"The next step is seeing how they work with the pedals. A driver that modulates the pedals correctly and understands how weight transfer works can be identified from the first couple of corners. Sometimes you can understand a rough driver before even leaving the car park, but it's braking that poses the biggest challenge for both novices and experienced drivers.
"It's completely different braking on a track compared to the road, because on the track you will be hard on the brakes for the least amount of time time possible so you minimise time spent not accelerating. On the streets you do it the opposite way, you should brake slowly so you don't get hit from behind and it's easy to get the bad habit of dragging the brakes."
This quick-fire process, developed using RSR founder Ron Simons' 20 years of experience on the Nordschleife, allows RSR instructors to tailor their coaching for all abilities, ranging from Nurburgring rookies like Jason to seasoned racing drivers, to ensure they do not exceed their limits and build towards them gradually.
VIDEO: PERFORMANCE ON THE NORDSCHLEIFE
"Most of the time I don't talk about myself, I want to know about the driving background of the person and how many laps of the Nordschleife they have done so I know much confidence to have in them, or how careful I should be so we don't smash the car into the wall," he says.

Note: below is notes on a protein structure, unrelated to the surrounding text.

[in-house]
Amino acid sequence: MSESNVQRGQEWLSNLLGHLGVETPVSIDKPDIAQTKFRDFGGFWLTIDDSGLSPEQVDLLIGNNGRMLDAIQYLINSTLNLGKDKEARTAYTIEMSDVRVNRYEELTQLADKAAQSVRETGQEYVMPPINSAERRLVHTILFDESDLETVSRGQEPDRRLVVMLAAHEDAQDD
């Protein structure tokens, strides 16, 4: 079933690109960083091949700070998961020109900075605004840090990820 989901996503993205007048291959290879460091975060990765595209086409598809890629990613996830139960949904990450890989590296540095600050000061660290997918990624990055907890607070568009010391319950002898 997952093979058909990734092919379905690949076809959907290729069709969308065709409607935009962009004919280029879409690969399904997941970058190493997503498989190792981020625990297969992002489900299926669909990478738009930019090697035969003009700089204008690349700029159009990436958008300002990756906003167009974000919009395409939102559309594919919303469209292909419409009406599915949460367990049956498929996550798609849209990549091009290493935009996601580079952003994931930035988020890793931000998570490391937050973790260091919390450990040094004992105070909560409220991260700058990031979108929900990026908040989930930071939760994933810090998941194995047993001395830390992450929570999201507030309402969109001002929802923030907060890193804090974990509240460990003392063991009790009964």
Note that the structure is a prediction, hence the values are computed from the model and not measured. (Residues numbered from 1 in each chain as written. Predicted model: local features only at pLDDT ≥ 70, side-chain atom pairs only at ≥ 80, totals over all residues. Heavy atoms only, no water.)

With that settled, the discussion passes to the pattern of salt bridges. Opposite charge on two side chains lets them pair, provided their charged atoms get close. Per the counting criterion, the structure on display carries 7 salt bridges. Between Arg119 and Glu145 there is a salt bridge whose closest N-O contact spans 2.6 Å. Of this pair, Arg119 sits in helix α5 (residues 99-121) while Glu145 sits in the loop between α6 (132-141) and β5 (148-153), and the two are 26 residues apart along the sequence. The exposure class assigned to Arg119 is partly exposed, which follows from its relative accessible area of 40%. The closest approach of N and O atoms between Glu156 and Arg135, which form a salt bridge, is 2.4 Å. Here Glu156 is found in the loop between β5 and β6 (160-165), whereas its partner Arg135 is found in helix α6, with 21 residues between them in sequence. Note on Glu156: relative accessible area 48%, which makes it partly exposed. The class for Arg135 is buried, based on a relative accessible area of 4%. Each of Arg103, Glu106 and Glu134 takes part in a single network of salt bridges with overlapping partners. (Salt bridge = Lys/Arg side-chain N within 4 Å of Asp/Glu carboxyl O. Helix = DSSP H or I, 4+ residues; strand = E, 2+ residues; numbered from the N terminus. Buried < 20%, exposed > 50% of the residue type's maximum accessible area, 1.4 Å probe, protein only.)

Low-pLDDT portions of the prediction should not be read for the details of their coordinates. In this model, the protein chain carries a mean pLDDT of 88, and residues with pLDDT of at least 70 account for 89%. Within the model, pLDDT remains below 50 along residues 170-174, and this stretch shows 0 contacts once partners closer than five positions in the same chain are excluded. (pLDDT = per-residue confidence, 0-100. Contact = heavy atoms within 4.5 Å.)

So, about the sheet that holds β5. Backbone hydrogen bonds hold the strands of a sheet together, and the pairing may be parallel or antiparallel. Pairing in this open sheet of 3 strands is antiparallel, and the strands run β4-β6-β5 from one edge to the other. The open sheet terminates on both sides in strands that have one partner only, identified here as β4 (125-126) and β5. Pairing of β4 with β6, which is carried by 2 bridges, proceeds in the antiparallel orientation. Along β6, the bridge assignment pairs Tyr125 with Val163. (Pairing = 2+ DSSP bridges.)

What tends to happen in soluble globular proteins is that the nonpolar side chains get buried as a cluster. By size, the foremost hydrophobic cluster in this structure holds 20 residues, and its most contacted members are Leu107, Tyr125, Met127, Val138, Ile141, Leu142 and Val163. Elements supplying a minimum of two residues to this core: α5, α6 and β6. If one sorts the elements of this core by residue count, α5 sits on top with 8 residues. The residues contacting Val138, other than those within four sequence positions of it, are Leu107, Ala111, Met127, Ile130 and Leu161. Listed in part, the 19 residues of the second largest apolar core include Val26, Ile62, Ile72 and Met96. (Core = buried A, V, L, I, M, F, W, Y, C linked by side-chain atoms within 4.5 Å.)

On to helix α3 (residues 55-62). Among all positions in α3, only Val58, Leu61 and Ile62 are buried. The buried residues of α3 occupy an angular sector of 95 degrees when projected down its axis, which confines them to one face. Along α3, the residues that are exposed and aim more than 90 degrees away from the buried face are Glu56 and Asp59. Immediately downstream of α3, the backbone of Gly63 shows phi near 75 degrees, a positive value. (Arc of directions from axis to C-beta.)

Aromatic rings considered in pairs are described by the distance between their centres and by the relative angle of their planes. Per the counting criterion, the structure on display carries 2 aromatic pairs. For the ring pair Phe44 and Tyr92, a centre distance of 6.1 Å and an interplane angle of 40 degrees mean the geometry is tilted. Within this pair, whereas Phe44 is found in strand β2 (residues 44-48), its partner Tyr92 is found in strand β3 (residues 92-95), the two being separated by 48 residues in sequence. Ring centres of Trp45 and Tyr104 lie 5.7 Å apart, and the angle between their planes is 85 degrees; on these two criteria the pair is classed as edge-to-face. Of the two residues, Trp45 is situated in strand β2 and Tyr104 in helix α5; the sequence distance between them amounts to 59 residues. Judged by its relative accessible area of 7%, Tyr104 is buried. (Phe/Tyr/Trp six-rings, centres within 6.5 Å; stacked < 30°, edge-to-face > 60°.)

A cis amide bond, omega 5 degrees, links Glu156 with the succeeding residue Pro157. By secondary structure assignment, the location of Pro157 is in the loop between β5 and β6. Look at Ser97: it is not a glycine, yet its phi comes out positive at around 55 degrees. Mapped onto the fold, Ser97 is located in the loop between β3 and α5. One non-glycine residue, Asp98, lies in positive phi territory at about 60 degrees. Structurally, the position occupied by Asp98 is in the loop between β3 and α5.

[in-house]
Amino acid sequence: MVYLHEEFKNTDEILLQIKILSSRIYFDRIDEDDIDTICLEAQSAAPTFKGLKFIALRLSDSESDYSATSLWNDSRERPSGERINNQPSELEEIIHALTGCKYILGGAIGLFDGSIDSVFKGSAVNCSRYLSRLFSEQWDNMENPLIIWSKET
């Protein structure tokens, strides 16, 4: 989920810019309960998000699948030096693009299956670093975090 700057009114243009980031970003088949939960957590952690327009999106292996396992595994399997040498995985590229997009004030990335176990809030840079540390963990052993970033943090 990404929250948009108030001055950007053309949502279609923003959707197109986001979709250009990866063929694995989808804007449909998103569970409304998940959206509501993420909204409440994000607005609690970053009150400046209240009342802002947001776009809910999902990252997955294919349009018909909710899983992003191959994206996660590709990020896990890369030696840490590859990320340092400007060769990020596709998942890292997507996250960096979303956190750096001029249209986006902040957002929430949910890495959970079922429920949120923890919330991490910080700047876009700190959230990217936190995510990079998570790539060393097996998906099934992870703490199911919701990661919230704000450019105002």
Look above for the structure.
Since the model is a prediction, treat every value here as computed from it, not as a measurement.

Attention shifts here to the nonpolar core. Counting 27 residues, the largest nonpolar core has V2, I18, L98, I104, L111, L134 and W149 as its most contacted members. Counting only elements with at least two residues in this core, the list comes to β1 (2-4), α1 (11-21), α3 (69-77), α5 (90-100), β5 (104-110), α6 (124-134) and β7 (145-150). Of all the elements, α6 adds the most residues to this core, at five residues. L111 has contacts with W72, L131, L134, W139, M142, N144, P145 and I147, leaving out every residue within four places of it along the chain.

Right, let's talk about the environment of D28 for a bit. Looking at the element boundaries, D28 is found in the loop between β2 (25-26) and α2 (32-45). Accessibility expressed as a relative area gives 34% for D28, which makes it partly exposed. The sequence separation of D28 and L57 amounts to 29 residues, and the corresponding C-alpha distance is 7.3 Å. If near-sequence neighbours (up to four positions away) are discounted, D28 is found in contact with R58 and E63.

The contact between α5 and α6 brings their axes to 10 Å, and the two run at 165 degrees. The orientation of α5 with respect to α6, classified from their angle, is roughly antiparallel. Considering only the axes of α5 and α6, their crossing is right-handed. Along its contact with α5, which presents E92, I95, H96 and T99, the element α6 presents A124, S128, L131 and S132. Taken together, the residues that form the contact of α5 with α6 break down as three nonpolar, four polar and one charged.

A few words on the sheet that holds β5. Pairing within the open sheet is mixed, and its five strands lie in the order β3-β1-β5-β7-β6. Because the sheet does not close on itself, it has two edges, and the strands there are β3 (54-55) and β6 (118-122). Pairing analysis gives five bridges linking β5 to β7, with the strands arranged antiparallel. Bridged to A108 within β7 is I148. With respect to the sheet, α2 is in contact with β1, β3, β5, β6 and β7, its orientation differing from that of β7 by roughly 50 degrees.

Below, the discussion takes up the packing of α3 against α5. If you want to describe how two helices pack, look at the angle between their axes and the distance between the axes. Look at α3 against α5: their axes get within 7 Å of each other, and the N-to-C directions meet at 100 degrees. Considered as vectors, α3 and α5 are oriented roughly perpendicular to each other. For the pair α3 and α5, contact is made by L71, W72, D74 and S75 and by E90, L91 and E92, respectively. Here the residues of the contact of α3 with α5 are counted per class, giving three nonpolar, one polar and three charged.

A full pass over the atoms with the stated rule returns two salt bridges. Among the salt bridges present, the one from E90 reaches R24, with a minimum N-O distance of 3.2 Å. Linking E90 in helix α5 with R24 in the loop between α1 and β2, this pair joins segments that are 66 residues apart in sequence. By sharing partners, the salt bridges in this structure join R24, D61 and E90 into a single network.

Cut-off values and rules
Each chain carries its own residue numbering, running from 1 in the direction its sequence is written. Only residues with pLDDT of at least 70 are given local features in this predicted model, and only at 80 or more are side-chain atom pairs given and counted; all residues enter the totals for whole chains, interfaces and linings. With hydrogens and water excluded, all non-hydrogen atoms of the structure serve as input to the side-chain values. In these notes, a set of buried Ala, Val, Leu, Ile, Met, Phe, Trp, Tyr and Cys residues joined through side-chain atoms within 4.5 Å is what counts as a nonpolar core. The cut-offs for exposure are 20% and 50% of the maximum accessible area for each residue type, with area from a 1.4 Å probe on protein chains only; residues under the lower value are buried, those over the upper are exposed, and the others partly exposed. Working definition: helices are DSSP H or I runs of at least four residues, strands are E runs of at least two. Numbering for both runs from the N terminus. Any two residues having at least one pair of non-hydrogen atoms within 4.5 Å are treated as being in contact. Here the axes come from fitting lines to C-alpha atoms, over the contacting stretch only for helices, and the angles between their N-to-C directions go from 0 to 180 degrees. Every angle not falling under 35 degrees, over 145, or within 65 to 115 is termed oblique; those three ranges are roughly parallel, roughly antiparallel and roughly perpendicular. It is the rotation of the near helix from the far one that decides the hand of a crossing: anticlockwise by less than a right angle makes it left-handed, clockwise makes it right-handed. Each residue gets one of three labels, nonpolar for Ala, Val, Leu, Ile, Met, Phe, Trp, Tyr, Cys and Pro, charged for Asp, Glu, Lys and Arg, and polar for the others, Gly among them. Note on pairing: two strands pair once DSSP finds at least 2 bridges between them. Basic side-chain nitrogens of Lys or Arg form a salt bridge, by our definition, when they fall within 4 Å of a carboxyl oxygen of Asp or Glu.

"There are some people that need basic advice, 'brake here' or 'get on the power now'. But for those that can take advantage of a more analytical approach, the reference points, tarmac and camber changes, hidden crests and so on that an experienced instructor will highlight can make a huge difference. When it's a racing driver, then you have to go section by section and work with data to improve them.
"What I said to Jason and what I say to everyone is 'have fun, don't crash' but there is much more to it than this. What makes Nurburgring a unique challenge is the combination of length and complexity. The danger element is always there, but it's the skill that the fast technical parts after Hohe Acht require that truly separates the men from the boys. It's like Jackie Stewart once said, 'if you enjoy it then you are not going fast enough!'"